host <IP address>Flows to or from the specified IPv4 or IPv6 address
net <CIDR> Flows to or from the specified IP network, uses CIDR notation
port <port>Flows to or from the specified port number
ip6Flows using IPv6 addresses
ipFlows using IPv4 addresses
tcpTCP flows
udpUDP flows
sctpSCTP flows

More complex filter expressions can be built up by using the words and, or, not and parentheses to combine primitives. Here are some examples:

  • host 8.8.8.8 and udp port 53
  • net 199.16.156.0/22 and port 80
  • (port 80 or port 443) and not host 192.168.0.1

For all boolean algebra geeks out there we can confirm that our BPF implementation gives and precedence over or, which means that the last example above would give a different result if the parentheses were removed.


Keeping it Short

Steve McCanne gave a keynote presentation at SharkFest 2011, where he talked about how he created BPF. Steve's work was guided by Van Jacobson, who challenged him to make the BPF syntax human friendly rather than requiring the user to type a clunky filtering syntax. We've adopted this thinking and therefore allow filters like these:

  • 10.1.1.3
    Flows to or from IP address 10.1.1.3. Translates to “ip host 10.1.1.3”

  • 128.3/16
    Flows to or from the 128.3.0.0/16 network. Translates to “ip net 128.3.0.0/16”

  • port 53
    Flows to or from TCP, UDP or SCTP port 53.


Try it for Free!

We've made the BPF implementation available even in the free version of CapLoader. You don't need to register to get the free version; just download, extract and run. The tool is portable, so you won't even have to install it. Visit https://www.netresec.com/?page=CapLoader to grab a copy and start filtering!


UPDATE 2016-05-23

With the release of CapLoader 1.4 it is now possible to apply Display Filters not only to the Flows tab, but also to the Services and Hosts tab.

Posted by Erik Hjelmvik on Monday, 30 November 2015 08:15:00 (UTC/GMT)

Tags: #CapLoader #BPF #PCAP #Berkeley Packet Filter #filter #IP #port #CIDR

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Split or filter your PCAP files with SplitCap

SplitCap Hatchet

I've released version 1.6 of a tool called SplitCap today. SplitCap is a really fast PCAP file splitter, which can be used to split large pcap files based on for example IP addresses or sessions. You can also use SplitCap in order to filter out traffic to/from specific IP addresses or port numbers from a large pcap file.

The best thing about SplitCap is that it is FAST, much faster than the alternatives.


Split frames in a PCAP file into one file per IP

The -s switch can be used with arguments flow, host, hostpair or nosplit and tells SplitCap how the frames should be separated into the output pcap files.

SplitCap.exe -r huge.pcap -s host
When running the command above SplitCap creates a directory called "huge.pcap" and fills it with lots of pcap files -- one pcap file per identified IP-address (i.e. host). The generated files are named according to the IP address they contain traffic for. Here is how the files from huge.pcap are named:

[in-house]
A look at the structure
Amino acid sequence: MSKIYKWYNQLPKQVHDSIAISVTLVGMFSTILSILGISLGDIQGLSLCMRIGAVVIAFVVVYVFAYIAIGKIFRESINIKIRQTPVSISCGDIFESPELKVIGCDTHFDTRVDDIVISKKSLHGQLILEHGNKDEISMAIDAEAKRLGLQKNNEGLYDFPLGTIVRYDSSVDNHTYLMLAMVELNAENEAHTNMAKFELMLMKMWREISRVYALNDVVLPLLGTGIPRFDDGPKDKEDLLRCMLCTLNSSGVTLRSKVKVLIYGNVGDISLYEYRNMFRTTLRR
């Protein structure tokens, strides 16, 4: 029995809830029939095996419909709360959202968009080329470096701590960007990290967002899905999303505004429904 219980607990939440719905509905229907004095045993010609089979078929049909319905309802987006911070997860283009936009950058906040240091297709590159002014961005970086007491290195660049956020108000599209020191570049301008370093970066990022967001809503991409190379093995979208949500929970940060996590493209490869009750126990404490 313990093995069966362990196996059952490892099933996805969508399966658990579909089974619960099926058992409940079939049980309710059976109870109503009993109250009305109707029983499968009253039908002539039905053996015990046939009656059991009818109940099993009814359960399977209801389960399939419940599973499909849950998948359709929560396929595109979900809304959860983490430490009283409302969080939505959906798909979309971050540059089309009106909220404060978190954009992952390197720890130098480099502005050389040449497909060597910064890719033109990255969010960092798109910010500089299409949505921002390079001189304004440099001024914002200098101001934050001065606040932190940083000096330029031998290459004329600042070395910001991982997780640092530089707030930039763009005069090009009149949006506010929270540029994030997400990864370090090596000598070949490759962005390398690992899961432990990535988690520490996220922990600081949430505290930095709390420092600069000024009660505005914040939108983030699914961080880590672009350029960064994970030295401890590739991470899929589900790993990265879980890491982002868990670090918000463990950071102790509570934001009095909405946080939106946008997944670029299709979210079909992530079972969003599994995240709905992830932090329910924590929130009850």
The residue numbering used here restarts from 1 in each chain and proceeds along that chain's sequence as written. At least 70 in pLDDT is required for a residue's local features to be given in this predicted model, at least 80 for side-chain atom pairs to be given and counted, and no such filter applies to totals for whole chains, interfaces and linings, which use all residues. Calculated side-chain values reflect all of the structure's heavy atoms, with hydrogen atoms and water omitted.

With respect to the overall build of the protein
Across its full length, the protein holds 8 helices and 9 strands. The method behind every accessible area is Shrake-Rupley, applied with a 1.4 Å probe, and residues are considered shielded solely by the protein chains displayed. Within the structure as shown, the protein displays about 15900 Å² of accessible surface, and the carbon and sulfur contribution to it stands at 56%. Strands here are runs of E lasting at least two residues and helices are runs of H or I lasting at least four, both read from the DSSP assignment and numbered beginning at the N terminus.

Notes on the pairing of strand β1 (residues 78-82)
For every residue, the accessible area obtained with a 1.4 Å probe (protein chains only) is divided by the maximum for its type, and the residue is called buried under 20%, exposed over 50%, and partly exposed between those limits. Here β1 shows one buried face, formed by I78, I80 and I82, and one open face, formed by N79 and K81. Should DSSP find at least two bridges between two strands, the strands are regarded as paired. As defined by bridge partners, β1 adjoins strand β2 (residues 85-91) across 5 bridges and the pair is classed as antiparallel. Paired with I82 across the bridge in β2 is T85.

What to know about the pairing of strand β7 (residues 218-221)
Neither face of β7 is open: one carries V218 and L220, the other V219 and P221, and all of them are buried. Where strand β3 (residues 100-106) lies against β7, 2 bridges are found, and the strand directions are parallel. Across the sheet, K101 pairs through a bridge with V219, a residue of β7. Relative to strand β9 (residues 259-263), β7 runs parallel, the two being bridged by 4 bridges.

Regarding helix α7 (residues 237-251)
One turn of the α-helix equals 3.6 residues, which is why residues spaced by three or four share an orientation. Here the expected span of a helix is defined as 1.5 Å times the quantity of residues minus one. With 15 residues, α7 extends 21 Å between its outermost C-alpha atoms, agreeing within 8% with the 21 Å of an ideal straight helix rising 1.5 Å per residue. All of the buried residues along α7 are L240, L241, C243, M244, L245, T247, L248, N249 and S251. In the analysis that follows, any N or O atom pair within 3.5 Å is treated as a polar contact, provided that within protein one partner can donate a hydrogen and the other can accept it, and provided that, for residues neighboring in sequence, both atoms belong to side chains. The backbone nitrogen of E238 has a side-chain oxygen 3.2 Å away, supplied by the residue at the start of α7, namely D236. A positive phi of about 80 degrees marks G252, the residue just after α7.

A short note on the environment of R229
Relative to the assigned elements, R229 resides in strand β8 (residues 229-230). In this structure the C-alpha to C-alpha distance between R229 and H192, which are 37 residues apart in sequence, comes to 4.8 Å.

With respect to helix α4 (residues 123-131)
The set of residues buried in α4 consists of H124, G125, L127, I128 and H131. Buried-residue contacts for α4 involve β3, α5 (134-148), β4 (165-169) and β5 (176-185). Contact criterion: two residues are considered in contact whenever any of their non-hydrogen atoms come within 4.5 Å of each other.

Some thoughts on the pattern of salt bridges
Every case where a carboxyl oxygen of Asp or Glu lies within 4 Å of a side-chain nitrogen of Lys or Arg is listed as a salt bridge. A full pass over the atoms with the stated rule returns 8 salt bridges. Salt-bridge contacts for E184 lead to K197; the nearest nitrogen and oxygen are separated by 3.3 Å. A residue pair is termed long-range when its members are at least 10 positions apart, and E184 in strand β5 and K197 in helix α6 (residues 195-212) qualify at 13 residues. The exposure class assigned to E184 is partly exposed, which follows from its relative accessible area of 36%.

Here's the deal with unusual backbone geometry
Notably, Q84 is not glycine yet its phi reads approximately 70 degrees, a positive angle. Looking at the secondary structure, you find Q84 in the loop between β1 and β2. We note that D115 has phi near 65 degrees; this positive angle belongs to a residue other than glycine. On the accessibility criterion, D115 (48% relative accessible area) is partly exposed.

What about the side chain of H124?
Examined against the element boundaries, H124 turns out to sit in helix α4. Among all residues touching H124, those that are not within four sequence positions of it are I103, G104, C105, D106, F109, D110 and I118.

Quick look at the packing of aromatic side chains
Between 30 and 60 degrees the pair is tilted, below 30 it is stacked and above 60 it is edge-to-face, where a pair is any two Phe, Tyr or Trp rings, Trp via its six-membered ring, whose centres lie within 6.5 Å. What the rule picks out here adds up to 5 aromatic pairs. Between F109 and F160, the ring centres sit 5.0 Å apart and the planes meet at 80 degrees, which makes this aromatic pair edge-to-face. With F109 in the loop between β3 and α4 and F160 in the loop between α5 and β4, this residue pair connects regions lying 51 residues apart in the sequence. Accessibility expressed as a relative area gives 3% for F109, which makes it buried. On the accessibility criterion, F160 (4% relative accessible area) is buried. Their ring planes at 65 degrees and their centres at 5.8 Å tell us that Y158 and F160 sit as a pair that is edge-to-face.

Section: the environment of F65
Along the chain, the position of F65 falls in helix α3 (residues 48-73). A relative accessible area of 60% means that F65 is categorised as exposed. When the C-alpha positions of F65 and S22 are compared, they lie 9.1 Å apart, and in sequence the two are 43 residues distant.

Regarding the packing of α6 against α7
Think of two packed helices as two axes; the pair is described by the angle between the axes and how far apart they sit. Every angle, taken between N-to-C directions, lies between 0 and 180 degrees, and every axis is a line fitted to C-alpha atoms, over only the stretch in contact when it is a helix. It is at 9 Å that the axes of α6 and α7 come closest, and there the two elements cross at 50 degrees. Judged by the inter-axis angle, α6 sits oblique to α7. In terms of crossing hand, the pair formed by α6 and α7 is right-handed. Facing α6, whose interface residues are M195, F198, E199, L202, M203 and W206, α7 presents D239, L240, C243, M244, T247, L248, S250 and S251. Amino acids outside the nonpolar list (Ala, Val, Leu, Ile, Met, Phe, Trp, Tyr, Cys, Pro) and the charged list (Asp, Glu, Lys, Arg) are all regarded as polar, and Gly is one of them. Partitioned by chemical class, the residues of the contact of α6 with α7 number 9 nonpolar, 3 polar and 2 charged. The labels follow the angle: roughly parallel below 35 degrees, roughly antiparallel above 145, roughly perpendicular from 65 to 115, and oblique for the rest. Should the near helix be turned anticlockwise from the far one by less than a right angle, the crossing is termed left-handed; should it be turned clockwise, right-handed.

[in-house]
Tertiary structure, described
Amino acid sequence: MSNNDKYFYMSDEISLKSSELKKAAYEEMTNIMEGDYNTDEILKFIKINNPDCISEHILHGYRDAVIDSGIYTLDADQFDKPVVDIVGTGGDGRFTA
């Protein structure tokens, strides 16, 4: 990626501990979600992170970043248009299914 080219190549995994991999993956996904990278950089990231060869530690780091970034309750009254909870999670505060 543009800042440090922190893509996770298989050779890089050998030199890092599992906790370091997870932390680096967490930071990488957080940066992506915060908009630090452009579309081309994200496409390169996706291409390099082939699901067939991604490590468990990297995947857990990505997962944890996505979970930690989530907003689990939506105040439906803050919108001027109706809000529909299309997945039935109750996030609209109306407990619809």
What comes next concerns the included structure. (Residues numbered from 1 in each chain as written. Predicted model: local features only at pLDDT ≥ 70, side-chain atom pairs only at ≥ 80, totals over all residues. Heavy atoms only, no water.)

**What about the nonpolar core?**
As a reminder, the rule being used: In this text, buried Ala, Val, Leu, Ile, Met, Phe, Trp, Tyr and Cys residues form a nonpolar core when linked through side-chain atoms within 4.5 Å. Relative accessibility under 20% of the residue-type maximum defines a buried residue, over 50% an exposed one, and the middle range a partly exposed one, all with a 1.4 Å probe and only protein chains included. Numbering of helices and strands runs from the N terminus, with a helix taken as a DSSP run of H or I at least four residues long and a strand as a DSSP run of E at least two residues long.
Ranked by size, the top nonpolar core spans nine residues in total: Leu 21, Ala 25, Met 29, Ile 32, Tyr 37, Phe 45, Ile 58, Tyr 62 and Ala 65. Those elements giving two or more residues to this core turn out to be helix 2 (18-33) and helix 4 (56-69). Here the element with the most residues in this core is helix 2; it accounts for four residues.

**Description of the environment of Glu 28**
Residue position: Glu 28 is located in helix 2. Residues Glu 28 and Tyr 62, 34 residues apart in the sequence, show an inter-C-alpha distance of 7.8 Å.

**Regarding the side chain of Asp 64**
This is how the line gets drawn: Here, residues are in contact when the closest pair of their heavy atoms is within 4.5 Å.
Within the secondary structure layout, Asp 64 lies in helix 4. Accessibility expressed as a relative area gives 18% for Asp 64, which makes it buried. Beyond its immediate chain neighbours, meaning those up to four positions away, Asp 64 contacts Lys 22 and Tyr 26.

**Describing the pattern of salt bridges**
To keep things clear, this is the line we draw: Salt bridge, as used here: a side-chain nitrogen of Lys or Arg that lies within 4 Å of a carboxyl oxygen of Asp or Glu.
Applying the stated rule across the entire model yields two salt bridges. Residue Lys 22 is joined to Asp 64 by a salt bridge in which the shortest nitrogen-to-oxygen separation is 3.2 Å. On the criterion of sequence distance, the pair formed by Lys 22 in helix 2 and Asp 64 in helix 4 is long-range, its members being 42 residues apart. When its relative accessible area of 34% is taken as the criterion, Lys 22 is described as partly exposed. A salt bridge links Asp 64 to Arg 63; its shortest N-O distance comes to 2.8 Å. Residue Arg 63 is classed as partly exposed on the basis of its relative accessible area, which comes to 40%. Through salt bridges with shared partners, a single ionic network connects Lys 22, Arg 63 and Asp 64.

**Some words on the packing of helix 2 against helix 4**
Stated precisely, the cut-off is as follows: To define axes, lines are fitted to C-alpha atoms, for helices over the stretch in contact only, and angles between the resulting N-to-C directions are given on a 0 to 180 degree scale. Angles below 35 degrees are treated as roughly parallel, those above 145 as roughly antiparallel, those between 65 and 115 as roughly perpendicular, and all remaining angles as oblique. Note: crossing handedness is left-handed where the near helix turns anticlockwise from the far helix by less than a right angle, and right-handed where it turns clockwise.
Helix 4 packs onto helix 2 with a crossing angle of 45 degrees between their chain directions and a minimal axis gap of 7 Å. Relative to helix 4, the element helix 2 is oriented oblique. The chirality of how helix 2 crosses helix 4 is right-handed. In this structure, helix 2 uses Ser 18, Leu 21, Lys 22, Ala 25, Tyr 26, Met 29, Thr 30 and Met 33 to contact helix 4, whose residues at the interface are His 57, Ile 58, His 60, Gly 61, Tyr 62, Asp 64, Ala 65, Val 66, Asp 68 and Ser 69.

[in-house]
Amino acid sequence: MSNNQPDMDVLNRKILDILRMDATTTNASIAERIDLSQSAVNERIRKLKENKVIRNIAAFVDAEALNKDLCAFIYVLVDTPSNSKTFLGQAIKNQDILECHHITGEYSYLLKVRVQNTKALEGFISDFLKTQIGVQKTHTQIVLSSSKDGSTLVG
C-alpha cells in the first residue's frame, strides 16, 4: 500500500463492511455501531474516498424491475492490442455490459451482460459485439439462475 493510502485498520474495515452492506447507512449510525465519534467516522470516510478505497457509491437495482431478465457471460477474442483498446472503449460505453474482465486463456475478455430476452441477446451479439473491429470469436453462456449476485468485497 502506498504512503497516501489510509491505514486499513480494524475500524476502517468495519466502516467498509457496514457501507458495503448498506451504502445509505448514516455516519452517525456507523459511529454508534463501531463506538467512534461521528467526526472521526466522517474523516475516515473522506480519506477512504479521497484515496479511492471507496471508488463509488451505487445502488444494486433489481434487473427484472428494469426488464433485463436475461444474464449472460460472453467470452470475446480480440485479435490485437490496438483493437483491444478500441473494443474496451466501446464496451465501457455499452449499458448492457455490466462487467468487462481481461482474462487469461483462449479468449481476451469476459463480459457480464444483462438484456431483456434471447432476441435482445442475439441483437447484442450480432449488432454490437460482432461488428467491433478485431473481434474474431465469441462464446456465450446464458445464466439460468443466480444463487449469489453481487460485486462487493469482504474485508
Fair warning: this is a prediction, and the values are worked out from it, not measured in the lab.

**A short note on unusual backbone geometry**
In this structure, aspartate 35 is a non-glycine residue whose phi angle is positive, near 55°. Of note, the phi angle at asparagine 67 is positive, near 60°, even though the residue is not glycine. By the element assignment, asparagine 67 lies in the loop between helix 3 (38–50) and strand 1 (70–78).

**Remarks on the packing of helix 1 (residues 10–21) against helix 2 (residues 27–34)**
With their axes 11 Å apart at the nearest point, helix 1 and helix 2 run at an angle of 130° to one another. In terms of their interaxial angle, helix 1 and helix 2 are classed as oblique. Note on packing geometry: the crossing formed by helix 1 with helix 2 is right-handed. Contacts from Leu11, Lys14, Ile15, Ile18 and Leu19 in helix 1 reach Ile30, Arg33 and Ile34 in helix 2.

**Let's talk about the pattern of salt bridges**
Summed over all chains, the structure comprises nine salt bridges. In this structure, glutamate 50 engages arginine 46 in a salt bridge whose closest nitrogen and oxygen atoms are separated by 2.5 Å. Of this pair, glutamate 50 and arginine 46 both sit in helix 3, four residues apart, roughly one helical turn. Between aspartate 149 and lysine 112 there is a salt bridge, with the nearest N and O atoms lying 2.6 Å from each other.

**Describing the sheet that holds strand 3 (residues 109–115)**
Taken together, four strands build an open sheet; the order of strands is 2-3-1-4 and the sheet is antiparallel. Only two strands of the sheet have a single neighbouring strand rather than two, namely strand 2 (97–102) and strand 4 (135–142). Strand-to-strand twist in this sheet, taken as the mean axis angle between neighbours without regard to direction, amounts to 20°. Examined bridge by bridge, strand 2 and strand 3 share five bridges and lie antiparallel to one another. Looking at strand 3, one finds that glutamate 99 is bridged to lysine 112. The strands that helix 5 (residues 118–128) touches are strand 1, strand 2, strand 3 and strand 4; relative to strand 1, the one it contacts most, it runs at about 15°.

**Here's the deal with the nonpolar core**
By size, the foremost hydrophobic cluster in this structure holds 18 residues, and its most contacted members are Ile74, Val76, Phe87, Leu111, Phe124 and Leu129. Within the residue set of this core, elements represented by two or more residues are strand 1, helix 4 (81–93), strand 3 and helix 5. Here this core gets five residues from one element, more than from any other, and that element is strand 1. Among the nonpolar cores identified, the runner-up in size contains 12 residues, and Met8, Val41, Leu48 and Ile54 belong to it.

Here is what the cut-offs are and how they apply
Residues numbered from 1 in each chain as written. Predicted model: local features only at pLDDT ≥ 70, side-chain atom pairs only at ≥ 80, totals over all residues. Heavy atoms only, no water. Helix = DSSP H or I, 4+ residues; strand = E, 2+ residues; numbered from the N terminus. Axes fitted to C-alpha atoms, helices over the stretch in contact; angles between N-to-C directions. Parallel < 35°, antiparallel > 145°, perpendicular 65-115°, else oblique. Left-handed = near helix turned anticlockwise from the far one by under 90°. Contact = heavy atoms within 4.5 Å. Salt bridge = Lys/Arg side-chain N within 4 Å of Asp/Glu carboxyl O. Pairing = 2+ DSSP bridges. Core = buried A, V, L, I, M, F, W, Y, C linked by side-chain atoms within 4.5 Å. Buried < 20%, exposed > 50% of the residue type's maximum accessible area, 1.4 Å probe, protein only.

huge.pcap.Host_128-183-104-74.pcap
huge.pcap.Host_129-33-21-40.pcap
huge.pcap.Host_129-70-4-55.pcap
huge.pcap.Host_129-82-103-72.pcap
huge.pcap.Host_130-212-20-225.pcap
huge.pcap.Host_130-212-255-255.pcap
huge.pcap.Host_131-107-39-4.pcap
huge.pcap.Host_131-107-8-43.pcap
huge.pcap.Host_216-109-126-56.pcap
huge.pcap.Host_64-236-24-4.pcap
huge.pcap.Host_80-67-66-6.pcap
huge.pcap.Host_fe80--202-2dff-fe38-85c0.pcap
huge.pcap.Host_ff02--2.pcap


Split frames based on session

What I believe is a unique feature of SplitCap is the ability to split a pcap file based on session, i.e. the frames from each TCP or UDP session are placed in a separate pcap file. The session split mode is the default one, but you can also use the -s session argument to tell SplitCap to use the session split mode.

SplitCap.exe -r huge.pcap -s session
The generated files get names describing the 5-tuple (proto, src_ip, src_port, dst_ip, dst_port) for which they contain traffic. Here is an example showing how the files can be named:
huge.pcap.TCP_128-183-104-74_80_192-168-21-249_32788.pcap
huge.pcap.TCP_128-183-104-74_80_192-168-21-249_32789.pcap
huge.pcap.TCP_80-67-66-6_80_192-168-22-22_49208.pcap
huge.pcap.TCP_80-67-66-6_80_192-168-22-22_49209.pcap
huge.pcap.UDP_130-212-20-225_1038_239-255-255-250_1900.pcap
huge.pcap.UDP_130-212-20-225_137_130-212-255-255_137.pcap
huge.pcap.UDP_130-212-20-225_138_130-212-255-255_138.pcap
Note that the session parameter tells SplitCap to join frames going both to and from the server into the same pcap file. If you instead wanna separate the two directions into separate pcap files, then you can use the -s flow switch.